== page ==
Cologne Chip Starts Making Its Toolchain Open Source, Releases a GateMate Integrated Logic Analyzer

Shift away from proprietary tools starts with an ILA, available now under the GNU General Public License 3.

Gareth Halfacree
5 months agoFPGAs

Field-programmable gate array (FPGA) specialist Cologne Chip is delivering on its promise of a shift to a fully-open toolchain for its novel GateMate A1 chips, releasing an integrated logic analyzer (ILA) under a reciprocal free software license.

Cologne Chip launched the GateMate CCGM1A1 back in May last year, promising a device with flexibility beyond that of rival FPGAs thanks to the use of "Cologne Programmable Elements" or "CPEs" capable of being switched between acting as eight-input LUT trees or four-input LUT trees with matching flip-flops or latches. At the time, the company's toolchain was based around the free and open Yosys project but with a proprietary pick-and-place package of Cologne Chip's own design — something the company promised to address in future updates.

Now Cologne Chip has begun to deliver on that promise with the release of an integrated logic analyzer (ILA) tool, brought to our attention by CNX Software and released under a reciprocal free software license. "With the ILA," the company explains, "you can perform in-system debugging of your designs on the GateMate FPGA during runtime. It allows you to capture and analyze all signals of your design as a waveform directly within the FPGA, while it is configured with your design. This means, for example, that you can monitor complex data flows in real-time and troubleshoot errors efficiently without disrupting the normal operation of your system."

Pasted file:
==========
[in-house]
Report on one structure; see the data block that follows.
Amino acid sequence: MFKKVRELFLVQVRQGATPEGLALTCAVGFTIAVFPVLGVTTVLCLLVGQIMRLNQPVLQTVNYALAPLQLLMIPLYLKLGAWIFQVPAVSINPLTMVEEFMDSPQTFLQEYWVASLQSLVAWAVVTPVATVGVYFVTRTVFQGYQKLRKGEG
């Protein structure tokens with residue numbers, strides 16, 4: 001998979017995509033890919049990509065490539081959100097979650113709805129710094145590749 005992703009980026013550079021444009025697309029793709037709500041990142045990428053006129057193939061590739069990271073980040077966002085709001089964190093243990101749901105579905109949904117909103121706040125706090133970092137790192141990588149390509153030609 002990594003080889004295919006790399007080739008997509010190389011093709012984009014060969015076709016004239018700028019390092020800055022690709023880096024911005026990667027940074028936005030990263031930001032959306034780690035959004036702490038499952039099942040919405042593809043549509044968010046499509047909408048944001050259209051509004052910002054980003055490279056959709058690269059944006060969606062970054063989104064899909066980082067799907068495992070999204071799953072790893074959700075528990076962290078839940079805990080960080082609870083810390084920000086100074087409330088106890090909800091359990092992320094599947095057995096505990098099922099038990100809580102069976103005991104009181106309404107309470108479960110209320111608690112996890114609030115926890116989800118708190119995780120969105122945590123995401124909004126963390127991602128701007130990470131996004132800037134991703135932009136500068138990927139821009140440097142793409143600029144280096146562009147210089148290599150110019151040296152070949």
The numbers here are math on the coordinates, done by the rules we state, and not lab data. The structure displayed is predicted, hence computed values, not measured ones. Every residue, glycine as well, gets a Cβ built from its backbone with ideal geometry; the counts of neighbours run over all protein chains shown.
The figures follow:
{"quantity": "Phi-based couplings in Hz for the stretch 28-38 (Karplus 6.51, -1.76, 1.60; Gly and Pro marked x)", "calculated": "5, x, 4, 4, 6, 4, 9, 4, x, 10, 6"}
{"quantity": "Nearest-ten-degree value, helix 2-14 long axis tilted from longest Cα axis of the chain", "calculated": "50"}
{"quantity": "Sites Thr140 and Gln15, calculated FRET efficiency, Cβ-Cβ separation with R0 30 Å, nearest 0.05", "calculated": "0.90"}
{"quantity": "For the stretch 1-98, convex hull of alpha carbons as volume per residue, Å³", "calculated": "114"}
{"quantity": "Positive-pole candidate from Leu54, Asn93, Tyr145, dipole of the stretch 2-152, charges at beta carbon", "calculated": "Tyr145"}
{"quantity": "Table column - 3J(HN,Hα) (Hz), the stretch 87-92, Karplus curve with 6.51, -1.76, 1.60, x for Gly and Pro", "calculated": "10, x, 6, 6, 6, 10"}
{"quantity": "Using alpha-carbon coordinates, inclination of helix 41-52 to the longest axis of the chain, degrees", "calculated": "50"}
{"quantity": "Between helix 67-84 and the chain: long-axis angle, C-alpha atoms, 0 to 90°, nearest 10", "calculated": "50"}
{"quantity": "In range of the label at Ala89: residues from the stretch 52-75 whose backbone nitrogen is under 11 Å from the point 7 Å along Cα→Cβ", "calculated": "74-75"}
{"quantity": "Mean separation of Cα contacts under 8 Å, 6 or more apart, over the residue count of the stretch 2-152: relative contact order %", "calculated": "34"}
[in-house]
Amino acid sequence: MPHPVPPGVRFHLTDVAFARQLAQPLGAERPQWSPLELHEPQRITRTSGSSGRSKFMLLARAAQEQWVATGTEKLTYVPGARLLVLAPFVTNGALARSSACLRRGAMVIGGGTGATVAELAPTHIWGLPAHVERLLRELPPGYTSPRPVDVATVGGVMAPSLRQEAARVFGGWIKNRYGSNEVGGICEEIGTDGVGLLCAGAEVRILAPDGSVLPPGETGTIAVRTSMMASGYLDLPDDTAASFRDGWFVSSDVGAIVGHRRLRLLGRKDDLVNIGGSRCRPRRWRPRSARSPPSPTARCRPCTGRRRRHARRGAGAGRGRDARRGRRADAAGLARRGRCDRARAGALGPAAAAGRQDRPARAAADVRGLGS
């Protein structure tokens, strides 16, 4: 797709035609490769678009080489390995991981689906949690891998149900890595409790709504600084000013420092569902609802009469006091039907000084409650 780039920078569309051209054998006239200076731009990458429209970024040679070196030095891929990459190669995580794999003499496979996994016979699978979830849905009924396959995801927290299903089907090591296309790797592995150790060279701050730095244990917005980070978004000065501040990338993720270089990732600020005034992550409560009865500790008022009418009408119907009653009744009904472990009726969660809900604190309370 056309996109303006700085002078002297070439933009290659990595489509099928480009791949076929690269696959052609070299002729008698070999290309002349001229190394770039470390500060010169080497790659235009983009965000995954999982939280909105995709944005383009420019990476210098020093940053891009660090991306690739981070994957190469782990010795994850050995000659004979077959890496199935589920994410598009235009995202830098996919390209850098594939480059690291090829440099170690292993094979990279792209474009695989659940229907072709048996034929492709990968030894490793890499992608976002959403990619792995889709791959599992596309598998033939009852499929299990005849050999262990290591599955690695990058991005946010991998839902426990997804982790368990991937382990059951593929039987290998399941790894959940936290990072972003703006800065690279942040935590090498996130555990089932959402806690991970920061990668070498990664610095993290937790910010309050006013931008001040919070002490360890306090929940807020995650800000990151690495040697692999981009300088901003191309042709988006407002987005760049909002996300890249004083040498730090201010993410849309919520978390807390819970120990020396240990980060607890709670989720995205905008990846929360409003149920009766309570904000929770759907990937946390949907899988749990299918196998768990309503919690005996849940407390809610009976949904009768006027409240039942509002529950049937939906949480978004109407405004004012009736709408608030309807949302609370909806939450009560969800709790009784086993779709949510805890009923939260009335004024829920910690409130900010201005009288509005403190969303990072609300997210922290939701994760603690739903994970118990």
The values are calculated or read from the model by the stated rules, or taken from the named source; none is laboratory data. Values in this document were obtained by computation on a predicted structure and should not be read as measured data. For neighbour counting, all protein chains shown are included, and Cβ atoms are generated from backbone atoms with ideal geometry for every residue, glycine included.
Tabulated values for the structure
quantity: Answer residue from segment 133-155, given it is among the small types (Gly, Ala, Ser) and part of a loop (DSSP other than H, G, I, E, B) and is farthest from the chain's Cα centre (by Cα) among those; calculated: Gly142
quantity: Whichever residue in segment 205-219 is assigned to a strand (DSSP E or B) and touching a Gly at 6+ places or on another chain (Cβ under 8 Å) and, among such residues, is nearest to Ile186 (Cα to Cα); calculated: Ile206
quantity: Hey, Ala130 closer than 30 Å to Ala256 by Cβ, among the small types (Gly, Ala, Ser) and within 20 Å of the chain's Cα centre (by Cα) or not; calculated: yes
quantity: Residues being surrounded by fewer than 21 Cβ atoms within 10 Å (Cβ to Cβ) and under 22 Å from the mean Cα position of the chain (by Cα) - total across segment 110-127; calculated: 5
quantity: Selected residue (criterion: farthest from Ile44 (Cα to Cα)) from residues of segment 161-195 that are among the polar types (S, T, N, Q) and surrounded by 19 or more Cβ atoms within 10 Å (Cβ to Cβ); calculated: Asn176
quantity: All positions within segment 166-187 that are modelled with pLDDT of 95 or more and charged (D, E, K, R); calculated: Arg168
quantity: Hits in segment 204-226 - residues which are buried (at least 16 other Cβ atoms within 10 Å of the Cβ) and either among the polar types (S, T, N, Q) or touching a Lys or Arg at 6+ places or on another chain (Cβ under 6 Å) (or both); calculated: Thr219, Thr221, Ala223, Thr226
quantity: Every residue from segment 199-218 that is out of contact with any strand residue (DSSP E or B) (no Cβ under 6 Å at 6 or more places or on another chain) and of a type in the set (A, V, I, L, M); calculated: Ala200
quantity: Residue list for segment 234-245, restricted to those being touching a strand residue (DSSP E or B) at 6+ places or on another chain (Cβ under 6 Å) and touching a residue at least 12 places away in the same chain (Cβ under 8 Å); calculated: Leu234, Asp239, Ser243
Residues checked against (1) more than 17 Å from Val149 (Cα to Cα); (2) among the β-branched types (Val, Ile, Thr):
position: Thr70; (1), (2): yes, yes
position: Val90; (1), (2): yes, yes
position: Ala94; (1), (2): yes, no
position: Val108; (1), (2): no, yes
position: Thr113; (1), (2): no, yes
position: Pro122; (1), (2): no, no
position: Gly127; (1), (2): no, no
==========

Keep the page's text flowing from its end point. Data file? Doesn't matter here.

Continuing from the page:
The company claims its Python-based tool offers the ability to simultaneously analyze more than 1,000 bits from all signals, can analyze signals from designs in a waveform format, offers custom triggers, can use all available RAM in order to maximize capture length, and can reset the device under test to capture everything from startup onward. Cologne Chip also promises a "simple, interactive, self-explanatory shell" for configuration.

The release comes as the first third-party GateMate A1 development boards begin to appear, with Bulgarian open hardware specialist Olimex preparing to launch the GateMateA1-EVB — a feature-packed development board which, the company hopes, will retail for around €50 (around $54) and thus significantly undercut the cost of the official GateMate development board while offering features including 64Mb of pseudo-static RAM (PSRAM), a VGA video output and PS/2 keyboard input, and general-purpose input/output (GPIO) pins switchable between 1.2V, 1.8V, and 2.5V logic levels.

The Cologne Chip GateMate ILA is available to download from the company's GitHub repository now, under the GNU General Public License 3.

Gareth Halfacree
Freelance journalist, technical author, hacker, tinkerer, erstwhile sysadmin. For hire: freelance@halfacree.co.uk.
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